The move was undertaken, the company said in a press release, to ensure EuroChem “is able to continue providing millions of people around the world with nutrients for agriculture, helping to underpin global food security.”
A public comment period will be open for 60 days once the requests for information are published in the Federal Register, and upon which time comments can be submitted to www.regulations.gov. In the interim, the requests for information will be made available at www.ams.usda.gov/about-ams/fair-competitive/rfi.
“In the face of the Russian invasion of Ukraine, the U.S. must recognize its dependency on Russian and Belarusian potash, which is a critical fertilizer with no known substitutes,” said Ted Pagano, founder and CEO of Michigan Potash and Salt Company.
The U.S. company is currently developing a facility to harvest American potash and food-grade salt near Evart, Michigan — home to one of the highest-quality natural potash and salt deposits in the world.
The company is currently in advanced stages of capital raising with all permits in hand while developing the necessary infrastructure to extract it safely, in an environmentally responsible and sustainable way. Full production of domestic potash from the facility is expected for 2025.
Roberto Mosheim, a research economist with the USDA’s Economic Research Service, sent The Well News a pair of charts in response to its inquiry about fertilizer prices. Those charts are reproduced above.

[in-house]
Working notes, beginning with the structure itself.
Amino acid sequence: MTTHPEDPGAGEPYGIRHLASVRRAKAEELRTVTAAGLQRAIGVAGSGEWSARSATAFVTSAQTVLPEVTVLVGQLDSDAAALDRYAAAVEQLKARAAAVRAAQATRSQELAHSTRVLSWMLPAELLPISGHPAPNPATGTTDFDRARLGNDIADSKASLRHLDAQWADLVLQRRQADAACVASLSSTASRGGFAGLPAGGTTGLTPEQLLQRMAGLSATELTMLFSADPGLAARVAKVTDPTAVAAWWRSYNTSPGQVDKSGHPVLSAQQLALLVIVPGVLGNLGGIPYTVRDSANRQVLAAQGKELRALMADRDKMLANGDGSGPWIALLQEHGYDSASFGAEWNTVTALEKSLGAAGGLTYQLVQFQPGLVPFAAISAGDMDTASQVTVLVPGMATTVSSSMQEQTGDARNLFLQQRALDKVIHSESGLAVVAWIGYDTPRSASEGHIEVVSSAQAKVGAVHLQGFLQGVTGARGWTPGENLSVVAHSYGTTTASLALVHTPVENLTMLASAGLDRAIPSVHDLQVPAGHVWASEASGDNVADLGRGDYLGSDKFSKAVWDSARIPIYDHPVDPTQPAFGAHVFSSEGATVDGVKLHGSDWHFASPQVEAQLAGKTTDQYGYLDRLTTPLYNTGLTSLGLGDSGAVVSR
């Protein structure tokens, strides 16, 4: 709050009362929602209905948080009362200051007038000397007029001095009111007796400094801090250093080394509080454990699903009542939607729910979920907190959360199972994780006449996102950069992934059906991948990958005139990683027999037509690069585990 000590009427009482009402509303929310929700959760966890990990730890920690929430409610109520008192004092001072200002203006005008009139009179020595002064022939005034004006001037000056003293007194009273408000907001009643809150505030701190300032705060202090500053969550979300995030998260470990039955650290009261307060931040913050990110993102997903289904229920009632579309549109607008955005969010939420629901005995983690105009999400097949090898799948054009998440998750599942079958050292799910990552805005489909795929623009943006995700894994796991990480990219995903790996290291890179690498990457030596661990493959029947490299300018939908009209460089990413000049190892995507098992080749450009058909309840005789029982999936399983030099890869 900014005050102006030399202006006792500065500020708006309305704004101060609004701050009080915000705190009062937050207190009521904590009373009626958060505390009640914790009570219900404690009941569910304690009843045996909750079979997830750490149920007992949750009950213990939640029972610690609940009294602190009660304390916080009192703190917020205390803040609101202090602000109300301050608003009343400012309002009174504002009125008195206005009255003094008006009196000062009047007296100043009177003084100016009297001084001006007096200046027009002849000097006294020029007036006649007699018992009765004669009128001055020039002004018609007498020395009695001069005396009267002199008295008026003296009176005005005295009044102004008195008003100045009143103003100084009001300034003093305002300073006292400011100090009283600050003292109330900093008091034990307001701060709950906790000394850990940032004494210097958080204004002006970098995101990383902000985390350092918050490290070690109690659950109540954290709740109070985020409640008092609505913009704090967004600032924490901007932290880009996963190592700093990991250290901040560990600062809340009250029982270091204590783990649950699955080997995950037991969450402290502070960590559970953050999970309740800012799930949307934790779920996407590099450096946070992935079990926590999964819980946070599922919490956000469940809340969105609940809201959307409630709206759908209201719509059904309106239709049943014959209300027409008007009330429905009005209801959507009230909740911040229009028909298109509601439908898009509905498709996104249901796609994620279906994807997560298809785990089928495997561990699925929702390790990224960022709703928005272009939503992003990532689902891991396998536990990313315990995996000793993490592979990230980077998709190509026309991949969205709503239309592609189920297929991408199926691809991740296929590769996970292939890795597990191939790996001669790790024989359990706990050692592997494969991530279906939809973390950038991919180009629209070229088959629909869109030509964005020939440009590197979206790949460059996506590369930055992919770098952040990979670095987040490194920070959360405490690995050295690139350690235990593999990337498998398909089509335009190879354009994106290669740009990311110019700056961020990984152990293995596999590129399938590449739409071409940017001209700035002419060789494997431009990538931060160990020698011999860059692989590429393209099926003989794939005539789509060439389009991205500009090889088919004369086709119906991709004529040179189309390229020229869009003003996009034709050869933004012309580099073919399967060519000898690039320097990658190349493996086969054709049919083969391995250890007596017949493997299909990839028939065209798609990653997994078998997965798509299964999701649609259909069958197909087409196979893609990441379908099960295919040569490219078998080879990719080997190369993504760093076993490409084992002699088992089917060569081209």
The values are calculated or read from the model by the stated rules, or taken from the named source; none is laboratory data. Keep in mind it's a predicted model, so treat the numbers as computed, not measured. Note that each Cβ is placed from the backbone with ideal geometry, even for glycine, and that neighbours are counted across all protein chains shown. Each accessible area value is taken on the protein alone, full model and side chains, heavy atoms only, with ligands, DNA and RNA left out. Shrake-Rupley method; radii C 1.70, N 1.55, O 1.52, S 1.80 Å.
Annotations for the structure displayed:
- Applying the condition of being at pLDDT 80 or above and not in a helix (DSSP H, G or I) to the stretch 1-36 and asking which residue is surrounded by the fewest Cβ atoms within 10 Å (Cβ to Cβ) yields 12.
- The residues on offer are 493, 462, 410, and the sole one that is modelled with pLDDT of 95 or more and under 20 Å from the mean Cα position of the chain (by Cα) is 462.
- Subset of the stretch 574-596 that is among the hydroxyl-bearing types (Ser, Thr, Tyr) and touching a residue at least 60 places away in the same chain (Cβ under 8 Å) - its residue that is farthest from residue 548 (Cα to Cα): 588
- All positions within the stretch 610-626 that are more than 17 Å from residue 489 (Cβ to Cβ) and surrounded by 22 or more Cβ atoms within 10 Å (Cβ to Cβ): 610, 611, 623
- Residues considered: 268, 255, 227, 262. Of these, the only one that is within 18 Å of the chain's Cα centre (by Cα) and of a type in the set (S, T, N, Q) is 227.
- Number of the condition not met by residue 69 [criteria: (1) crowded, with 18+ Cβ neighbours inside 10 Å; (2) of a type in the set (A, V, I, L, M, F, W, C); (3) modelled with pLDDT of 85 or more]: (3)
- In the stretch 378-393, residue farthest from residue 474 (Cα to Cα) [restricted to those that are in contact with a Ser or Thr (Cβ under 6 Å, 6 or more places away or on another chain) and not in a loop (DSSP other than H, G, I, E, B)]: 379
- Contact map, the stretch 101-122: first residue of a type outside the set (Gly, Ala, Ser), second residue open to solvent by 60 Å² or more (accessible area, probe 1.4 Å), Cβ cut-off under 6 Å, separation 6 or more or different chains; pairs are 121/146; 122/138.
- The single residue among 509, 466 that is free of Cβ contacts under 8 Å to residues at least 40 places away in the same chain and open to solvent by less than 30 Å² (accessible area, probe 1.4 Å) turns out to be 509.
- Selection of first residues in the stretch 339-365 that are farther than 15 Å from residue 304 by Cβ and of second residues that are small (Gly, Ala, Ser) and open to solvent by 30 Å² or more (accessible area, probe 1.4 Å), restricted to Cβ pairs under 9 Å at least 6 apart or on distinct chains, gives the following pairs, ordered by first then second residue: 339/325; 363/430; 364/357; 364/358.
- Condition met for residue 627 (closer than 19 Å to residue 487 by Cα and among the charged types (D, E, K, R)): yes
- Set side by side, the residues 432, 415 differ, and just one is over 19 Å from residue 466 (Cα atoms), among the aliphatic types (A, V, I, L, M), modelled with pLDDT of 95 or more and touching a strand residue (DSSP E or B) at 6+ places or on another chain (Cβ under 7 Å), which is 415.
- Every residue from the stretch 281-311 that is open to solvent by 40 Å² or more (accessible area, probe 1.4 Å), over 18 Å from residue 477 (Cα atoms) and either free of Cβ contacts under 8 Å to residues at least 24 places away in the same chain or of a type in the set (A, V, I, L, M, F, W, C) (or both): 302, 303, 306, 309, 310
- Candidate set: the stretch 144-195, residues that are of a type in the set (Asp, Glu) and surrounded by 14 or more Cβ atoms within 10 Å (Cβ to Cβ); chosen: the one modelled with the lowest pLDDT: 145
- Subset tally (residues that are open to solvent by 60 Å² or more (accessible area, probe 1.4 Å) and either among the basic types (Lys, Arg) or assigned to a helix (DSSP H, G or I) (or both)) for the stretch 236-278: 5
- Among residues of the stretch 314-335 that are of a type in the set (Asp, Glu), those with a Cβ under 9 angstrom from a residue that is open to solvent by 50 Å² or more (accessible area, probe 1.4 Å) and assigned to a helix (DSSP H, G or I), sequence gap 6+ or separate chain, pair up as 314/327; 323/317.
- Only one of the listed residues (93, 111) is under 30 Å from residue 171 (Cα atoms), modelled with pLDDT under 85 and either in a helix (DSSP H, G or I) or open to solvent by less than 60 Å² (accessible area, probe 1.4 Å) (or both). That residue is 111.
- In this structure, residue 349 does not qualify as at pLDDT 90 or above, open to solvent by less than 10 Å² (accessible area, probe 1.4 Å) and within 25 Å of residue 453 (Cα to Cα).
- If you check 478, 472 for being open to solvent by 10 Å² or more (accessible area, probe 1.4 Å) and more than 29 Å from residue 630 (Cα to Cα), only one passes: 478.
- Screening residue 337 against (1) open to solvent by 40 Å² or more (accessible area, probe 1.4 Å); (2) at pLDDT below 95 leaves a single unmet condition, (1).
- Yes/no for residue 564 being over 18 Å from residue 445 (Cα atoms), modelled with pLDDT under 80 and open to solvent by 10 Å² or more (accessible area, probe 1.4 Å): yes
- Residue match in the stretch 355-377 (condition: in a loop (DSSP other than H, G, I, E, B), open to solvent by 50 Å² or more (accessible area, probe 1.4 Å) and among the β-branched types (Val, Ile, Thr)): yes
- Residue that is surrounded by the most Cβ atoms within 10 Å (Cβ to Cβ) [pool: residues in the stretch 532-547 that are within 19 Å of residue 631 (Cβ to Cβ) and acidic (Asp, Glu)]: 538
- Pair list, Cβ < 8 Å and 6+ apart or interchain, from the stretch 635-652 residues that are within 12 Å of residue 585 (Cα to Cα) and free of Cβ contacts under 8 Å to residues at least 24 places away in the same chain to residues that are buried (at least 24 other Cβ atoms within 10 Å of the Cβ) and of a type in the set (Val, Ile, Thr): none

Mosheim went on to explain that the first chart illustrated that from roughly 2015 to 2020 prices paid by farmers for fertilizer were low relative to crop prices they received, while the second depicts the volatility of fertilizer prices in relation to market events, like the global financial crisis of 2008.
During the COVID-19 pandemic, although fertilizer prices increased rapidly, crop prices received by farmers also increased.
“Factors affecting the market include high energy prices (natural gas is a main input in the manufacture of nitrogen-based fertilizer) and uncertainty in world energy markets that will make the supply of fertilizer more expensive,” Mosheim said.
“Affordability has substantially decreased since the end of 2020 but remained above the long-term average until July 2021, thanks to high commodity prices in the first half of the year,” he continued. “During the second half of the year, fertilizer’s affordability has continued to deteriorate, falling well below its long-term average. … And that’s because substantial disruptions in global economic forces seem to have a large impact on fertilizer prices.”
Looking beyond Ukraine, Mosheim predicted high corn prices (due to increased worldwide demand as the COVID-19 pandemic subsides) will further put pressure on the demand for fertilizer.
As a result, “Prices for fertilizer are very likely to keep increasing in the immediate future,” he said.